'48 Hours' Looks at Similarities Between O.J. Simpson and Oscar Pistorius Trials

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Oscar Pistorius

"O.J. was a feeding frenzy," says "Oscar Pistorius: Shots in the Dark" EP Susan Zirinsky. "You had to really be inventive to get something unique in these massive situations."

As the media collectively mark the 20th anniversary of the White Bronco chase that would spur the so-called "trial of the century" and usher in the era of round-the-clock court coverage and reality television, another similar murder trial is playing out in a different country.

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Like O.J. Simpson, Oscar Pistorius is a famous athlete who rose to the pinnacle of his sport. Of course, Pistorius did it without the use of his legs, which were amputated when he was 11 months old due to a congenital condition that left him without a fibula in both legs. Known as the Blade Runner for the curved prosthetics he ran on, Pistorius came to global attention two years ago when he became the first double-leg amputee to participate in the Olympics, running the men's 400 meters at the 2012 Summer Olympics in London.

Less than seven months later, on Valentine's Day 2013, he would shoot his girlfriend Reeva Steenkamp, a model and reality TV star, through the locked bathroom door of his home in Pretoria, it is alleged.

Similar to the Simpson trial in the U.S., the prosecution of Pistorius — the first trial to be televised live in South Africa — has become a national fascination. The country's top cable provider last March launched a 24-hour channel dedicated to the trial. Although the proceedings are currently on a break as Pistorius undergoes a court-ordered psychological assessment to determine his state of mind at the time of the shooting, the case continues to fill newspapers, blogs and the television media in South Africa while the U.S. media also has parsed every turn in the case.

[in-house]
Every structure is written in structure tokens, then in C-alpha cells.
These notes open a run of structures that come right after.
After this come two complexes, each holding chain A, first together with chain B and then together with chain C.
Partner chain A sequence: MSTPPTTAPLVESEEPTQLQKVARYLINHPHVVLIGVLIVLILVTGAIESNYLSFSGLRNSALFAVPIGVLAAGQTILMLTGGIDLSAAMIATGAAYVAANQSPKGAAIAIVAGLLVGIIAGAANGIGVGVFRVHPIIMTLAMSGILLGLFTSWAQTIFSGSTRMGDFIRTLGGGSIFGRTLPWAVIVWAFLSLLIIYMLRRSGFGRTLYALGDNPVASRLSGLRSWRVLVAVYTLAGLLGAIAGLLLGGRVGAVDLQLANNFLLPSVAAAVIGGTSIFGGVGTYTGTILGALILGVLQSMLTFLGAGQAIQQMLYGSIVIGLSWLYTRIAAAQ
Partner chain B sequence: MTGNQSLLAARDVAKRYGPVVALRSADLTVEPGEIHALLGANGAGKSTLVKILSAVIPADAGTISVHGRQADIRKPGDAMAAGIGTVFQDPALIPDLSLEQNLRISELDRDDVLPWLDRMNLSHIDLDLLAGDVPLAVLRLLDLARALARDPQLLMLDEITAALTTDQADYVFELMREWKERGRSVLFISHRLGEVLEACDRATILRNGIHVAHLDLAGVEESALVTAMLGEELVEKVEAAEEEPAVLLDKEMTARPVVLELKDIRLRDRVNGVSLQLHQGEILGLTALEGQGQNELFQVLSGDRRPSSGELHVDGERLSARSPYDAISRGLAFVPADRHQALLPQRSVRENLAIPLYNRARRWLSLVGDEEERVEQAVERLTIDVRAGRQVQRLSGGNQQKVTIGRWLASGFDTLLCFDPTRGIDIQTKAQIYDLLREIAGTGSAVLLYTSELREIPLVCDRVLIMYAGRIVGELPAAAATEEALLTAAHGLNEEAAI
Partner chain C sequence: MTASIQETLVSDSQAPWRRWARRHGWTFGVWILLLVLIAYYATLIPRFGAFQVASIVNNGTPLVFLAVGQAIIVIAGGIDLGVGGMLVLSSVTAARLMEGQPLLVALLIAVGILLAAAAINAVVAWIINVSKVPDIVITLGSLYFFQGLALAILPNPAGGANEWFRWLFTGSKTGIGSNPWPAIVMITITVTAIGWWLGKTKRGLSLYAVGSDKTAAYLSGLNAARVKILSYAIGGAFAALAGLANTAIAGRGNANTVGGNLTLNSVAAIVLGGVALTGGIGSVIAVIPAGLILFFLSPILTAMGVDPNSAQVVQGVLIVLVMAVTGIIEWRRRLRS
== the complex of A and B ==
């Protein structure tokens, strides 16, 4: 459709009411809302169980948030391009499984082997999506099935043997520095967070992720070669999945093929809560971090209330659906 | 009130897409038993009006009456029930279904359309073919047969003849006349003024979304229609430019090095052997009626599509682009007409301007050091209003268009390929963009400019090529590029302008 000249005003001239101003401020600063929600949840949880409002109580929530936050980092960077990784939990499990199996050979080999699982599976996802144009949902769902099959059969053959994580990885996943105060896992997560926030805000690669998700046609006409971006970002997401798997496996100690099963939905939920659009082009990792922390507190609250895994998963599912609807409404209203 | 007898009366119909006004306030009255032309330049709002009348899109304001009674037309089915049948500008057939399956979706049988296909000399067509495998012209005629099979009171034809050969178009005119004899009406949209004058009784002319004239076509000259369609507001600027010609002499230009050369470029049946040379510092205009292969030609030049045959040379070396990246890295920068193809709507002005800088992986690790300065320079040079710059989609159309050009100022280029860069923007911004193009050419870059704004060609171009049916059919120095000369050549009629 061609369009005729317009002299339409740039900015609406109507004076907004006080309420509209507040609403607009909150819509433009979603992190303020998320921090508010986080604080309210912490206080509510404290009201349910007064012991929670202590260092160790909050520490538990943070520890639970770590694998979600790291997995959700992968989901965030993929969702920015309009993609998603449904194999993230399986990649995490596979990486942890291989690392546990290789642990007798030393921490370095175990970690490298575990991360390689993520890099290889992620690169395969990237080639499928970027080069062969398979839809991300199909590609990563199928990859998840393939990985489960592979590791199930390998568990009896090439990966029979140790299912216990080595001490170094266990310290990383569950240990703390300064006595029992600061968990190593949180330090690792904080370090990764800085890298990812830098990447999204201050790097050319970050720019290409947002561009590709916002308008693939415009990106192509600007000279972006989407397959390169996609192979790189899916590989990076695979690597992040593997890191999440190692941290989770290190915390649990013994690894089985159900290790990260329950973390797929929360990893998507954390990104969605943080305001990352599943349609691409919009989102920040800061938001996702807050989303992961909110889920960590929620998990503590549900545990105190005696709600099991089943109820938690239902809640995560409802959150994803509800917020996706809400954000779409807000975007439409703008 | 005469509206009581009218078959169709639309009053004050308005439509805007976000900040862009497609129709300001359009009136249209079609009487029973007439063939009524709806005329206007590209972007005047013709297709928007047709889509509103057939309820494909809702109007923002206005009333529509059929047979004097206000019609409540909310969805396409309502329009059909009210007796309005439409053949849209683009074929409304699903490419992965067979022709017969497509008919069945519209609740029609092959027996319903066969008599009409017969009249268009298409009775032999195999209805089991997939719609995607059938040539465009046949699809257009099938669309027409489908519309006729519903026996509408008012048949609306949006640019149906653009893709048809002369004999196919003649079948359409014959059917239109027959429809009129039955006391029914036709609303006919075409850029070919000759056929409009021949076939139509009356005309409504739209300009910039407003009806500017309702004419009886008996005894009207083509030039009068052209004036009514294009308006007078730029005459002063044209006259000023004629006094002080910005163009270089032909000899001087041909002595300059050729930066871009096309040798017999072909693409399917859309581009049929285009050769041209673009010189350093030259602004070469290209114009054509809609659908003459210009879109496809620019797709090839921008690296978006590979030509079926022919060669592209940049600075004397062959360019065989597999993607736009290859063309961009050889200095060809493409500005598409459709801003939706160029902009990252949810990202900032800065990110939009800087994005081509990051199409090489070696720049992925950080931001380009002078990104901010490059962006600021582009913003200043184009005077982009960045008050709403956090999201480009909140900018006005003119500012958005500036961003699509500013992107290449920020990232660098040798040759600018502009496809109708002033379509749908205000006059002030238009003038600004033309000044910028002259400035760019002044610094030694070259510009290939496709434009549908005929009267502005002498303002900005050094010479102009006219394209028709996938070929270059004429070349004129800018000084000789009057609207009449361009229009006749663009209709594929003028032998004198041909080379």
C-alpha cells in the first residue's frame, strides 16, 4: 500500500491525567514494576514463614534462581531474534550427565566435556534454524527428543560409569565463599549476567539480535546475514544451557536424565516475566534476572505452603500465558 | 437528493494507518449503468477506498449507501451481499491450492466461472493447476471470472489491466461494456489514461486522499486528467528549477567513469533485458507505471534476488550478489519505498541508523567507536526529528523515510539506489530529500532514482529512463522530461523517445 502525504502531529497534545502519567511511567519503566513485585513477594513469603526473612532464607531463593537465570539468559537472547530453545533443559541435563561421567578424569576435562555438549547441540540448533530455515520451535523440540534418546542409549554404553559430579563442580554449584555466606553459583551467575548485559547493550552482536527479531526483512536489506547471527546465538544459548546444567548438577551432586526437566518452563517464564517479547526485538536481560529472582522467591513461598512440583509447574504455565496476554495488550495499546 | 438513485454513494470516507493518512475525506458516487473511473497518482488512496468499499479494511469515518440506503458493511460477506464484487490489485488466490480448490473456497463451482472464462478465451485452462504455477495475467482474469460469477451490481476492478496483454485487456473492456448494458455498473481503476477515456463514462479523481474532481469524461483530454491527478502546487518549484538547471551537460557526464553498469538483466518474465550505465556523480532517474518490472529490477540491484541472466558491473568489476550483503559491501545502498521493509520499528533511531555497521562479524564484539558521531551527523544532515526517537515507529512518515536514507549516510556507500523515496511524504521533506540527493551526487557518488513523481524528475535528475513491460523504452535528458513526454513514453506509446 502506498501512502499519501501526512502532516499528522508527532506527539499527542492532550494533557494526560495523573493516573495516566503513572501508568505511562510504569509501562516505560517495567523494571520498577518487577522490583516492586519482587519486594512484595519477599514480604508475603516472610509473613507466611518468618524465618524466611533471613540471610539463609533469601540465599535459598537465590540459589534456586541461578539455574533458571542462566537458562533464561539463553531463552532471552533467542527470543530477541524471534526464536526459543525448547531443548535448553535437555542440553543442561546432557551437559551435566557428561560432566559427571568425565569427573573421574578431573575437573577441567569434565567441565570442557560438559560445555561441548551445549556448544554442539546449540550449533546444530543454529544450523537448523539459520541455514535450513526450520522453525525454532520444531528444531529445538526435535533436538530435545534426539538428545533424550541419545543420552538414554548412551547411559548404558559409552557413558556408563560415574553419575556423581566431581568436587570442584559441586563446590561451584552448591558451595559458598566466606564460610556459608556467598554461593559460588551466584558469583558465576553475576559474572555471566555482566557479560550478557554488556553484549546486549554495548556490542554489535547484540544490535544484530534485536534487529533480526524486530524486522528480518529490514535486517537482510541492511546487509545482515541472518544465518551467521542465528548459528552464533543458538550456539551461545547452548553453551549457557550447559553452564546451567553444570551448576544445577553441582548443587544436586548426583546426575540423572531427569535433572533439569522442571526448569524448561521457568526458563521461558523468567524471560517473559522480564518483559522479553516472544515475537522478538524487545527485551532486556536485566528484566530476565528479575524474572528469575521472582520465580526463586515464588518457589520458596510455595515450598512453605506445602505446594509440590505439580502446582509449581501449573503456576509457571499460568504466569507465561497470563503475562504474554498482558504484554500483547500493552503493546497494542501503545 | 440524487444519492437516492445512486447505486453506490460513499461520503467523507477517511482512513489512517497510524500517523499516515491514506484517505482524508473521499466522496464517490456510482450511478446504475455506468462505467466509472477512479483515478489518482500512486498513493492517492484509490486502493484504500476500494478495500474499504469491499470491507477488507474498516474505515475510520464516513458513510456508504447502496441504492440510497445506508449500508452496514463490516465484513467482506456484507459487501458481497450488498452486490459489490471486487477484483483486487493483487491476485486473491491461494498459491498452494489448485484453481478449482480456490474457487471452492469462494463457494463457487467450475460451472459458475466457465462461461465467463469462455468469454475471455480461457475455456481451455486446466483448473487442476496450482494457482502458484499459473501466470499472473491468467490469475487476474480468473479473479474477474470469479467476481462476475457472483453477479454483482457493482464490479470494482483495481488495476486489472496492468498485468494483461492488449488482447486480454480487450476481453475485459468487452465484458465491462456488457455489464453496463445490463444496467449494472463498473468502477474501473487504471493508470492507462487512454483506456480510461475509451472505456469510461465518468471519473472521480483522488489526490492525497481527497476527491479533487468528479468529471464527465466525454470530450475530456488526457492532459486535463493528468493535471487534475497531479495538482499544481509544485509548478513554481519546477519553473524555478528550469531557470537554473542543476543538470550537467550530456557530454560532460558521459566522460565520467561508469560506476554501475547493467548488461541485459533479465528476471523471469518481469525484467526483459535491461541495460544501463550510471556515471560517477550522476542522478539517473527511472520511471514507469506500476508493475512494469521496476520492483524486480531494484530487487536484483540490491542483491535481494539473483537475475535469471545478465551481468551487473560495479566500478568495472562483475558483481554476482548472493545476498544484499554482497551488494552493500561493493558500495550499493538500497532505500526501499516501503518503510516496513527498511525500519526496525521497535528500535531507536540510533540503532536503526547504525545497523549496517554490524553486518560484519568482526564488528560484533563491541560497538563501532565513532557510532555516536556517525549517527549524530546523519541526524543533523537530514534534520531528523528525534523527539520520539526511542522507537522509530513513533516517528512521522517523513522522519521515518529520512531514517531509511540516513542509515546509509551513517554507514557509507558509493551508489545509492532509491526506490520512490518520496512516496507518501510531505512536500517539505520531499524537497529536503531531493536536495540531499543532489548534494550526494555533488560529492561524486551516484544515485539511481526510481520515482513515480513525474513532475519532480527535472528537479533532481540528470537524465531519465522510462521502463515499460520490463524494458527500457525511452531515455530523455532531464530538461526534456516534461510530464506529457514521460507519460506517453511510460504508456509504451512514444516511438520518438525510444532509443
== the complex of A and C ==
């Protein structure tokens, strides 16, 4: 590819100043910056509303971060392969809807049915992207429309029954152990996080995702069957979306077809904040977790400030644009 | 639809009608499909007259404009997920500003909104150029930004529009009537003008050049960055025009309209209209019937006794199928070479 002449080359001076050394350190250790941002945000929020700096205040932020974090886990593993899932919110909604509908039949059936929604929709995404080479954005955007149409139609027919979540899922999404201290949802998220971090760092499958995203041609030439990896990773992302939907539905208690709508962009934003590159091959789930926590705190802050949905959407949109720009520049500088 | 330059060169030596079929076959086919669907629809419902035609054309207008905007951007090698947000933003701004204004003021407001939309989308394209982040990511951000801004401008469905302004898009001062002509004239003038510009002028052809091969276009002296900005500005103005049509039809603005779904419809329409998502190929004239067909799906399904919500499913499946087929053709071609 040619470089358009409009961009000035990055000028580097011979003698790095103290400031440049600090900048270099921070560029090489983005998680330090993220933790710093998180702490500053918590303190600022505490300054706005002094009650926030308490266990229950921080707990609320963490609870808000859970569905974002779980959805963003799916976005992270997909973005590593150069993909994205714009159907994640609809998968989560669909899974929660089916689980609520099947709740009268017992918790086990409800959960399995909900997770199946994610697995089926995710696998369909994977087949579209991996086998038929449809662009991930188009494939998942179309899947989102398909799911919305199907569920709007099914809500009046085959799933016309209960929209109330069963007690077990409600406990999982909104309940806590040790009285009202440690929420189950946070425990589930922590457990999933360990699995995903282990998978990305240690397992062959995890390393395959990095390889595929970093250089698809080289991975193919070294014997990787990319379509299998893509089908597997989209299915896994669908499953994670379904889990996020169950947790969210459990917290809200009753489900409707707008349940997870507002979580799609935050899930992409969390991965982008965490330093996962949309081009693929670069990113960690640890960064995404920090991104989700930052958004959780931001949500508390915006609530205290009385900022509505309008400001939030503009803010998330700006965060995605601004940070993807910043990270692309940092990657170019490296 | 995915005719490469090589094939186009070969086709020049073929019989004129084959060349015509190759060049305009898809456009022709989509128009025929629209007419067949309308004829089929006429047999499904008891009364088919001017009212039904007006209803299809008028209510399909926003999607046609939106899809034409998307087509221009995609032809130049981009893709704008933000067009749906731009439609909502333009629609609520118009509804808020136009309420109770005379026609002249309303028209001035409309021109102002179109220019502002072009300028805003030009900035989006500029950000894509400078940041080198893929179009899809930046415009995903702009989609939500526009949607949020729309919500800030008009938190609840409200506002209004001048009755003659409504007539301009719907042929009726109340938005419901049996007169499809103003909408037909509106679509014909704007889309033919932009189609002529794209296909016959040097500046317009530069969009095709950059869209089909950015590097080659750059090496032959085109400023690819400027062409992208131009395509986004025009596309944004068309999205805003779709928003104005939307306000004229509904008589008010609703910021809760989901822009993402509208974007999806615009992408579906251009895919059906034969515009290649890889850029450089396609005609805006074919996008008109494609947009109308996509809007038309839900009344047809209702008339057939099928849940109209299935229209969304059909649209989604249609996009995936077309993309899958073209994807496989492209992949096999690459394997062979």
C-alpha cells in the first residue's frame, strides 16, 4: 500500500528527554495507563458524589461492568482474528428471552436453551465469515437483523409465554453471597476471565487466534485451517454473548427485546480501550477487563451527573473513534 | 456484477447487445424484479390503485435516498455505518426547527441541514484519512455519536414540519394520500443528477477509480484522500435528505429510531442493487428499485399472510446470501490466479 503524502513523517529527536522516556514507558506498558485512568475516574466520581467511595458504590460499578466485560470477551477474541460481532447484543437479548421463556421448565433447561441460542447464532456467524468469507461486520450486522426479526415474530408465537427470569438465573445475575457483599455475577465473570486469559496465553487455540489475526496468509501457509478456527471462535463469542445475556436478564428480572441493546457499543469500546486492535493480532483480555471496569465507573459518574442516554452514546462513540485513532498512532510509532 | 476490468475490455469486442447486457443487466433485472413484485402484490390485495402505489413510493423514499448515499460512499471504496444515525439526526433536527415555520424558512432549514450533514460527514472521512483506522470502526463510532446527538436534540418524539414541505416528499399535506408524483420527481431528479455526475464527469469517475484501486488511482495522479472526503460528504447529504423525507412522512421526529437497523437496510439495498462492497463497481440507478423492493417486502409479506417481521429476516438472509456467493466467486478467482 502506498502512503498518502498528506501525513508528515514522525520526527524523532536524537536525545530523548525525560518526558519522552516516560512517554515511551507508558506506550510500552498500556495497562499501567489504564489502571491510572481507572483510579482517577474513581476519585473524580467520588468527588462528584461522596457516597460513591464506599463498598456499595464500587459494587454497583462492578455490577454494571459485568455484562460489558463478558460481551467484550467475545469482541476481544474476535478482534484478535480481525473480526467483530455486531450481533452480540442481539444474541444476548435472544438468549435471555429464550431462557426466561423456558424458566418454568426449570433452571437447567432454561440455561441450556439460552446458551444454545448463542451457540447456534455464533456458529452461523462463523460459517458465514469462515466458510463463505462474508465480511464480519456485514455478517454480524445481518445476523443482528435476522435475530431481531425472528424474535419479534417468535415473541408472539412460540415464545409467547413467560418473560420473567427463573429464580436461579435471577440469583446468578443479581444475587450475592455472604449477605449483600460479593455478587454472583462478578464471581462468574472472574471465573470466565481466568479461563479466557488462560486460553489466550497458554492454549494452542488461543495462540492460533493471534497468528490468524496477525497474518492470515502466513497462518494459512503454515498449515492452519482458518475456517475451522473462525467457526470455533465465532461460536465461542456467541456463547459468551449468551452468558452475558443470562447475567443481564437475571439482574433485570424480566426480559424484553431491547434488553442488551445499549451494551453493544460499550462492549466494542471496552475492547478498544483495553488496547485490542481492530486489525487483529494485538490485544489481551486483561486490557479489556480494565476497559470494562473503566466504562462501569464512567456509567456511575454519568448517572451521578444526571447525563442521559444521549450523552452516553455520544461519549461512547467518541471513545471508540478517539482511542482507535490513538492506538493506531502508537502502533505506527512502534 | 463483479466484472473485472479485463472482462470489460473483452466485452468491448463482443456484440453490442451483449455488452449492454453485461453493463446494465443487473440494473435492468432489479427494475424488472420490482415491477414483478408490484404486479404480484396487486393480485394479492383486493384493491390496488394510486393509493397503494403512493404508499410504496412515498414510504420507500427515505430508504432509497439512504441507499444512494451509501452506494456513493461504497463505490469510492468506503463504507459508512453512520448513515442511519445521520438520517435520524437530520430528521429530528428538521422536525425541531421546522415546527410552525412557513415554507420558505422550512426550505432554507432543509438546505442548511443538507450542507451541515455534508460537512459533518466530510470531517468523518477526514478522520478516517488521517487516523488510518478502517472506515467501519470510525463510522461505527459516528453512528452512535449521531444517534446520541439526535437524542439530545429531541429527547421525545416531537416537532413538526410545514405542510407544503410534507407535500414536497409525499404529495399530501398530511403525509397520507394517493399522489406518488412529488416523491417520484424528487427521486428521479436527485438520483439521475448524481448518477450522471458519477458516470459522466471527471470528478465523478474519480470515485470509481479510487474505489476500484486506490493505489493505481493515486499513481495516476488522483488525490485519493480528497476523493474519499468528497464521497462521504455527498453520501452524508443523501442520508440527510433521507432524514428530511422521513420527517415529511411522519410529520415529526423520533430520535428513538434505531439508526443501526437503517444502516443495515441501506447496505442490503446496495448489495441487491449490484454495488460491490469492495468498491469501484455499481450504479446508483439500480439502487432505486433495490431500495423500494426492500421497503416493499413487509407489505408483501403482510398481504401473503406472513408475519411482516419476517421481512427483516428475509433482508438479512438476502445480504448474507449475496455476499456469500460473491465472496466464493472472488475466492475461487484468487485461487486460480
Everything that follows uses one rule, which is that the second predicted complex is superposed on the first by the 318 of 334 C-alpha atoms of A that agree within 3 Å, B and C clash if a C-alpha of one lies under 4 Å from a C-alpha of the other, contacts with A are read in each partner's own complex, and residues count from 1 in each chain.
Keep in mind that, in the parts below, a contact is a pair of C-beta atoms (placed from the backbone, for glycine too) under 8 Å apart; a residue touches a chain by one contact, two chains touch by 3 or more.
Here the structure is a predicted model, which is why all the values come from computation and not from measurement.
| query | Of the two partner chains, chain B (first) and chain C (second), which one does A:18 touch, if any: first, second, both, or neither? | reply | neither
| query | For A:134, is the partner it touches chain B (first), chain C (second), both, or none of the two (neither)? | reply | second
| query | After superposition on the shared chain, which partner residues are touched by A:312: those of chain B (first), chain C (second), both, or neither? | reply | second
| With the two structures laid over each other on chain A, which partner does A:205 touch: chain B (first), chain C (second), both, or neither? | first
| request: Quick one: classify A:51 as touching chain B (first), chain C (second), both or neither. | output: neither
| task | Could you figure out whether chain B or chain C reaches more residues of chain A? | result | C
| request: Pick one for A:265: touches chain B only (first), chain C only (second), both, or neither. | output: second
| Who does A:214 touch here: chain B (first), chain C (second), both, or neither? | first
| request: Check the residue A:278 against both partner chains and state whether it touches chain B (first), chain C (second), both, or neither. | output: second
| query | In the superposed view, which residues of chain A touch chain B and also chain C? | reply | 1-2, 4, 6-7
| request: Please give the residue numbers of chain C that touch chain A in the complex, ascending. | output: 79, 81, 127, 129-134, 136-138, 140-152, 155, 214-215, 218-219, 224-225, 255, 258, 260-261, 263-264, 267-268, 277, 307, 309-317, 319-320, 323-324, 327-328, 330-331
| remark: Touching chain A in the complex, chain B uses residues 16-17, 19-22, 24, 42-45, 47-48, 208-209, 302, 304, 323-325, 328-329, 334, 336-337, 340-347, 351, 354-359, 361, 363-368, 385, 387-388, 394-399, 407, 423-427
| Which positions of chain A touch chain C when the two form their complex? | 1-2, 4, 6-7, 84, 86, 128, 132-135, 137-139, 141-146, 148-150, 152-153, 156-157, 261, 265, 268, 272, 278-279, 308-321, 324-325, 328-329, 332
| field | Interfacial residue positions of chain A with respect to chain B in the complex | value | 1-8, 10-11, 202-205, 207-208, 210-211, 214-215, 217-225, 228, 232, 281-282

On the eve of the Bronco anniversary, CBS News' 48 Hours wades into the trial with a one-hour special tonight at 10 p.m. The investigation — reported by correspondents Debora Patta, Peter Van Sant and Troy Roberts — includes the first American TV interview with the man Pistorius considered his surrogate father. Not surprisingly, Mike Azzie tells CBS News, "Oscar is not a cold-blooded murderer."

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It is Azzie's first American TV interview since the trial began. And 48 Hours executive producer Susan Zirinsky admits she was hesitant to cover the case, partly because it has been difficult to get interviews with many of the principals, including Steenkamp's parents, without paying them.

"There were a lot of things that were troubling about this case," says Zirinsky. "Was he in a rage? Was it celebrity gone bad? So I thought, if I don't get the main interviews because I'm not going to pay for them, I'm going to find a way to do this show without them. Somebody will talk to us that doesn't have to be paid."

Oscar Pistorius: Shots in the Dark also includes interviews with Jen Su, a South African talk show host and friend to both Steenkamp and Pistorius, and defense attorneys Mark O'Mara and Joe Tacopina (who defended Michael Jackson, Joran van der Sloot and Alex Rodriguez).

The special naturally draws correlations between the two cases, including the racial components at play in each case. There is a widespread fear of violent street crime among white South Africans, and Pistorius' lawyers claim he thought Steenkamp was an intruder. The prosecution asserts he and Steenkamp were fighting; ear witnesses have testified that they heard a woman screaming.

"O.J. was just this feeding frenzy," recalls Zirinsky, who was producing Connie Chung's Eye to Eye at the time of the incident. "In truth, what was so difficult was to carve out something you felt you were revealing as a reporter. You had to really be inventive to get something unique in these massive situations."

Some things never change.